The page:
For the first time in New York City history, the subway system will shut down overnight so crews can better clean and disinfect trains and stations in order to further prevent the spread of the new coronavirus and protect essential workers.
What You Need to Know
- Subway stations will be closed from 1 a.m. to 5 a.m. every day
- The new measures will begin May 6
- Bus service will not be affected
- The partial shutdown will likely last through the duration of the pandemic
- LIRR and Metro-North trains will not be shut down overnight
Responding to homeless people who are using subway cars as shelters, during his daily coronavirus press briefing in Albany on Thursday, Gov. Andrew Cuomo made mass-transit history to shut down the only subway system that runs 24 hours a day.
Subway service will be suspended daily from 1 a.m. to 5 a.m. Bus service will not be affected.
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"It is a massive undertaking that we have never done before," Cuomo told reporters. “Let’s clean, disinfect those buses and trains every 24 hours. Why? Because that’s the best way we protect the health of our essential workers. Which makes sense if you want the essential workers to continue to come to work.”
Although ridership has been down massively since the coronavirus outbreak began, many essential workers have been relying on the subways to get to and from work, particularly those who work overnight shifts.
Cuomo said starting on May 6, when the closures go into effect, special arrangements will be made for those deemed essential workers who need to commute in the early morning hours. Those employees are expected to get up to two free rides from buses or cabs when the subway is closed.
“The essential connector program, they’ll have buses, dollar vans, and if necessary will provide for-hire vehicles to transport a person,” the governor said. “The Uber, the Lyft, the Via vehicles at no cost to the essential worker at those hours to provide transport.”
There is no timetable for how long the partial subway shutdown will last, but it could be 6 to 12 months, which is the expected timeframe for scientists to develop a vaccine.
Long Island Rail Road and Metro-North trains will also undergo cleaning, but will not be shut down overnight.
The MTA calculates subway ridership is down 90 percent from 1 a.m. to 5 a.m., but the early morning shutdowns will still affect approximately 11,000 straphangers.
Cuomo was joined at his daily press briefing virtually by Mayor Bill de Blasio, who endorsed the closures. It was the first time the two leaders appeared together at a press conference since March 2, the day after New York announced its first confirmed case of coronavirus.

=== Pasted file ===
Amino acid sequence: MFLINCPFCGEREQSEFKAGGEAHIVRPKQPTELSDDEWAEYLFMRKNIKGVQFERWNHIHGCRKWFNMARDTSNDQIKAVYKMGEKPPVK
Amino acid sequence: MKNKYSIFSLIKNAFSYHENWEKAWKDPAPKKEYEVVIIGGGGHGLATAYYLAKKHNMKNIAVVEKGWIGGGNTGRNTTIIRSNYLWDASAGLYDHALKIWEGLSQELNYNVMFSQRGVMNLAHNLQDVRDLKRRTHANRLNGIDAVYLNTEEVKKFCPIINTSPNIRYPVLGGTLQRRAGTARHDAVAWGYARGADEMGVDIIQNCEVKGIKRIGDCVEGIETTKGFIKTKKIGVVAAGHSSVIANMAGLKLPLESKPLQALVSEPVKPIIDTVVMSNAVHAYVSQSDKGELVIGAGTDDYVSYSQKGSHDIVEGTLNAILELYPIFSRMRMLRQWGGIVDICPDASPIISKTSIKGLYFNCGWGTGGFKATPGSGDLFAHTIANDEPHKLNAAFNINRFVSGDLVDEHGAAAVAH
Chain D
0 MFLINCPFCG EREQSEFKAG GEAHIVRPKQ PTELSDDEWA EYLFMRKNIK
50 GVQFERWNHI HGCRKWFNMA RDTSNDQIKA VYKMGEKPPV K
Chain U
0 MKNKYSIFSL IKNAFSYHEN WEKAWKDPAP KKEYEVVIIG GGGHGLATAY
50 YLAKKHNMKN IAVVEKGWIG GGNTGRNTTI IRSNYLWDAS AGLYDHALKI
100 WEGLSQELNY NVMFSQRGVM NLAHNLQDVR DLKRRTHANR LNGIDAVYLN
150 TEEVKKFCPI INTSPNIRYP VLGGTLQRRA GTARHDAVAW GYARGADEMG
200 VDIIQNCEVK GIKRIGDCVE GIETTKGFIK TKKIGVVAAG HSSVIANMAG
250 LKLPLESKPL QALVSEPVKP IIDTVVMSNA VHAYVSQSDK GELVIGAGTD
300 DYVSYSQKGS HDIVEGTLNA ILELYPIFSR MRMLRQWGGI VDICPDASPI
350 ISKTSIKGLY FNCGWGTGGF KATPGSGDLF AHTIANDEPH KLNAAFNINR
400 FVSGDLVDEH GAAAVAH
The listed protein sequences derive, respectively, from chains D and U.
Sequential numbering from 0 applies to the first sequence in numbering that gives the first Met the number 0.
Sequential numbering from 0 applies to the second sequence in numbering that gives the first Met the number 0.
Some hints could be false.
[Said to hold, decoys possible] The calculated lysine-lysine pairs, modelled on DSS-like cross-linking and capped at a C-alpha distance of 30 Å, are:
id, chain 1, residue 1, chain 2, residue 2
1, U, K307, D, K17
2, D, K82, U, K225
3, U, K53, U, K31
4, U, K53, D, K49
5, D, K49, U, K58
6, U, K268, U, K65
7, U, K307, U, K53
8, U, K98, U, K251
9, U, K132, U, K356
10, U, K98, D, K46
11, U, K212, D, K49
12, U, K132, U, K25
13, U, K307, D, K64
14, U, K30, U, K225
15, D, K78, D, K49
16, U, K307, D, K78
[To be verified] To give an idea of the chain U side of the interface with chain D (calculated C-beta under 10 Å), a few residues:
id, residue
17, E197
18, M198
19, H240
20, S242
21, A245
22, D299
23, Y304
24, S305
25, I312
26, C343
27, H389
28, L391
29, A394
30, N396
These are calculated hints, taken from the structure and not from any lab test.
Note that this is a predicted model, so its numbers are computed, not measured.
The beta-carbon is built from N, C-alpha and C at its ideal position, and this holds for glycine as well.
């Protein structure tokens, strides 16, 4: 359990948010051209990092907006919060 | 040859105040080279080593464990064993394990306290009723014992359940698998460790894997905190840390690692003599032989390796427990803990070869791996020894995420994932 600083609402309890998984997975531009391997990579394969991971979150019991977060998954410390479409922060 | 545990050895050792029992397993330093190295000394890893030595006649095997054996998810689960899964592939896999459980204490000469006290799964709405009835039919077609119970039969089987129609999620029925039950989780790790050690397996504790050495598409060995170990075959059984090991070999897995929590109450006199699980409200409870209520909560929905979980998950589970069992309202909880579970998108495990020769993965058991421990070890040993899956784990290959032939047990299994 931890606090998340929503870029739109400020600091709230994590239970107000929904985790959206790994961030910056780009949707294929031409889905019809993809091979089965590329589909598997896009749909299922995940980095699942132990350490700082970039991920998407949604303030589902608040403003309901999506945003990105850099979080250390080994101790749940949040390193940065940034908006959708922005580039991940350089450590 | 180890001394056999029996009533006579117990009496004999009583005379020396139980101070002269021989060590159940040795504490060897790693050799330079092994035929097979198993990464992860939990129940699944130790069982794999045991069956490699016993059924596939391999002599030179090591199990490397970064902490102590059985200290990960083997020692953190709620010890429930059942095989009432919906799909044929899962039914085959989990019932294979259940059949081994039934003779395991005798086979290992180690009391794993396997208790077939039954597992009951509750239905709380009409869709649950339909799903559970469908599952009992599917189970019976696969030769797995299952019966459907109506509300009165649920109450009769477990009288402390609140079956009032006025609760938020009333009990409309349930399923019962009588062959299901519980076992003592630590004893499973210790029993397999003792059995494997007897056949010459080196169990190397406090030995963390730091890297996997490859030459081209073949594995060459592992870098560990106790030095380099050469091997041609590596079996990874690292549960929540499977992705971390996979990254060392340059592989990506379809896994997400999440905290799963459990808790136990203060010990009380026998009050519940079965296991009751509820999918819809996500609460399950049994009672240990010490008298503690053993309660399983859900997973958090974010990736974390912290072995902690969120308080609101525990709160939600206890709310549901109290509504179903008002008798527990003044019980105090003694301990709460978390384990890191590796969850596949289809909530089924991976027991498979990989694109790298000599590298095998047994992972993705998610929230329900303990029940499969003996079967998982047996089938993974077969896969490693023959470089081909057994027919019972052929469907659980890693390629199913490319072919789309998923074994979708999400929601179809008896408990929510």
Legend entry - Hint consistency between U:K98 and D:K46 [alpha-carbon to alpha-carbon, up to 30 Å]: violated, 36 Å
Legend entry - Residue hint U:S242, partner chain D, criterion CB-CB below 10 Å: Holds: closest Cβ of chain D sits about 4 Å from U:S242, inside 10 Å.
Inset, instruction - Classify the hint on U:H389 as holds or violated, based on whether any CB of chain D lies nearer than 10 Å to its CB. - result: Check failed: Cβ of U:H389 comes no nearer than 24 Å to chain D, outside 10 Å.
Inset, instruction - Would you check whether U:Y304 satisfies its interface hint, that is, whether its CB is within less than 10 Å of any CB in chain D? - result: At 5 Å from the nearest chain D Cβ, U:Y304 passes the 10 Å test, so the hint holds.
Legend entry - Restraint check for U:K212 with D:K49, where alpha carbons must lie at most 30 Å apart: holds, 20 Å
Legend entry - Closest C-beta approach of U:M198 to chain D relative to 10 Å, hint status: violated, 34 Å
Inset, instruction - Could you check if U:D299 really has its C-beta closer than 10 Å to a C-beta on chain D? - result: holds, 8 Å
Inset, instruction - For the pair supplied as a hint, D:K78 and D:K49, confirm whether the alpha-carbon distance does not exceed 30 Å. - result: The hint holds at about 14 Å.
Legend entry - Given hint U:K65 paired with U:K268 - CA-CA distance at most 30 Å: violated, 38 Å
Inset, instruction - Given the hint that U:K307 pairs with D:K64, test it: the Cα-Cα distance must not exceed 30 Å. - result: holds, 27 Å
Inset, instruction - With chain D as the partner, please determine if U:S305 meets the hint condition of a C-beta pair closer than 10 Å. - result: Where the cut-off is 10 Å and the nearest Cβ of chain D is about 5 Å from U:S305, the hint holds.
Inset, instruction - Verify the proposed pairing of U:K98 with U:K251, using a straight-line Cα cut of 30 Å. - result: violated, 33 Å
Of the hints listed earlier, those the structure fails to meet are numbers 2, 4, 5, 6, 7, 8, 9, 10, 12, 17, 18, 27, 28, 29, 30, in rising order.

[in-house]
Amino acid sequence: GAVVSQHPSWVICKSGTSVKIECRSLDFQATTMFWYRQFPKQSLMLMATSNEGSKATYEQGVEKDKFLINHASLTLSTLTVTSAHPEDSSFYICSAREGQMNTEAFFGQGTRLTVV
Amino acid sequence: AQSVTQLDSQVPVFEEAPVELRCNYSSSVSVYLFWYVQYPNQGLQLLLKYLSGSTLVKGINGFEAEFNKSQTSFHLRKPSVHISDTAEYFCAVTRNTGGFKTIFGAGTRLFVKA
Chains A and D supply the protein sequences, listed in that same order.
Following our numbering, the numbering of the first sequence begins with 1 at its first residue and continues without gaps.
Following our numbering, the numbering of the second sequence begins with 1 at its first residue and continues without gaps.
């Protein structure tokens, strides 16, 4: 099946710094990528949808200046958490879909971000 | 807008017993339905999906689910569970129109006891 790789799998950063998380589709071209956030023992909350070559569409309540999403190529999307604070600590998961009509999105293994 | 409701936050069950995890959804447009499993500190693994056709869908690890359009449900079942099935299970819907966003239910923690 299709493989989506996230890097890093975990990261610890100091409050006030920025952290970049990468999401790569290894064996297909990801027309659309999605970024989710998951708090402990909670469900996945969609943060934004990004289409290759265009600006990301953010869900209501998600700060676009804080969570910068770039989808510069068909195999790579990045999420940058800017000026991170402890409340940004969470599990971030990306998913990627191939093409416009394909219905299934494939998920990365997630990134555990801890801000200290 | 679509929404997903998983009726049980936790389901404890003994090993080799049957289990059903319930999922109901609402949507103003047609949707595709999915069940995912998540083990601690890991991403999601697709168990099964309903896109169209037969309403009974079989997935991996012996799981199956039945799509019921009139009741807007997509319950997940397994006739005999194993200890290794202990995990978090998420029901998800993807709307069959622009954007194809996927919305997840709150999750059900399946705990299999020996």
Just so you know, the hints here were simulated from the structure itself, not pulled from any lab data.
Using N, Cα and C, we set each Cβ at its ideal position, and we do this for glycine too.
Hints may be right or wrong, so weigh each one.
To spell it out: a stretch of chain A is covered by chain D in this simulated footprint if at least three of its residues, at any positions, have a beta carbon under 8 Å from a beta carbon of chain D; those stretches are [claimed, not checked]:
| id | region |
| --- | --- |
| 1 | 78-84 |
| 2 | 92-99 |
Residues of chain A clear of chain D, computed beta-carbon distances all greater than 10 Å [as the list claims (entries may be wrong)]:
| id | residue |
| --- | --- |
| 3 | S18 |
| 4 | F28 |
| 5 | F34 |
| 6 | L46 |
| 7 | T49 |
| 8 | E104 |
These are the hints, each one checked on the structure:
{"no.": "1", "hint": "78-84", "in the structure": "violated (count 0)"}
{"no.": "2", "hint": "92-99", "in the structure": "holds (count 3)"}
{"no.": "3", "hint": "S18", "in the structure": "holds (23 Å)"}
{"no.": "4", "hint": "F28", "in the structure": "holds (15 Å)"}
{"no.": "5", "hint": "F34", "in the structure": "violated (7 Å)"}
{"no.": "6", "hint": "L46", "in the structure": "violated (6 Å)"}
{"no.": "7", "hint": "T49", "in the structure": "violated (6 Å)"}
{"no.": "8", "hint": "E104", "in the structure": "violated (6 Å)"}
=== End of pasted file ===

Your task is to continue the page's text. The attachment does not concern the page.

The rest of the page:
It came one day after Cuomo told the MTA to figure out a plan to clean trains every 24 hours, instead of every 72 hours, as it currently does.
“They came up with a plan. They can disinfect all trains and buses every night. It can best be done by stopping train service from 1 a.m. to 5 a.m. every night during the pandemic,” the governor said.
The reduction in subway service comes as New York City’s confirmed coronavirus-related death count nears 18,000, although the fatality mark the city has reported dropped under 400 for the fifth straight day.
According to New York City officials, citywide as of 6 p.m. Wednesday there were:
- 162,212 confirmed cases of COVID-19
- An estimated 41,648 hospitalizations
- 17,866 deaths (12,571 confirmed and 5,295 probable)
From 6 p.m. Tuesday to 6 p.m. Wednesday in the city:
- Confirmed cases increased by 2,347
- Estimated hospitalizations increased by 332
- Deaths increased by 277 (284 confirmed and 7 fewer probable fatalities)
The borough-by-borough breakdown of confirmed cases, with some fluctuation in the numbers:
- Queens: 50,304 confirmed cases
- Brooklyn: 42,996
- The Bronx: 36,969
- Manhattan: 20,121
- Staten Island: 11,752
New York state reported, as of midnight Wednesday:
- 304,372 confirmed coronavirus cases
- A total of 18,321 deaths (the state is not currently including probable coronavirus fatalities in its count).
From midnight Tuesday to midnight Wednesday in New York state:
- Confirmed cases increased by 4,681
- Deaths increased by 306
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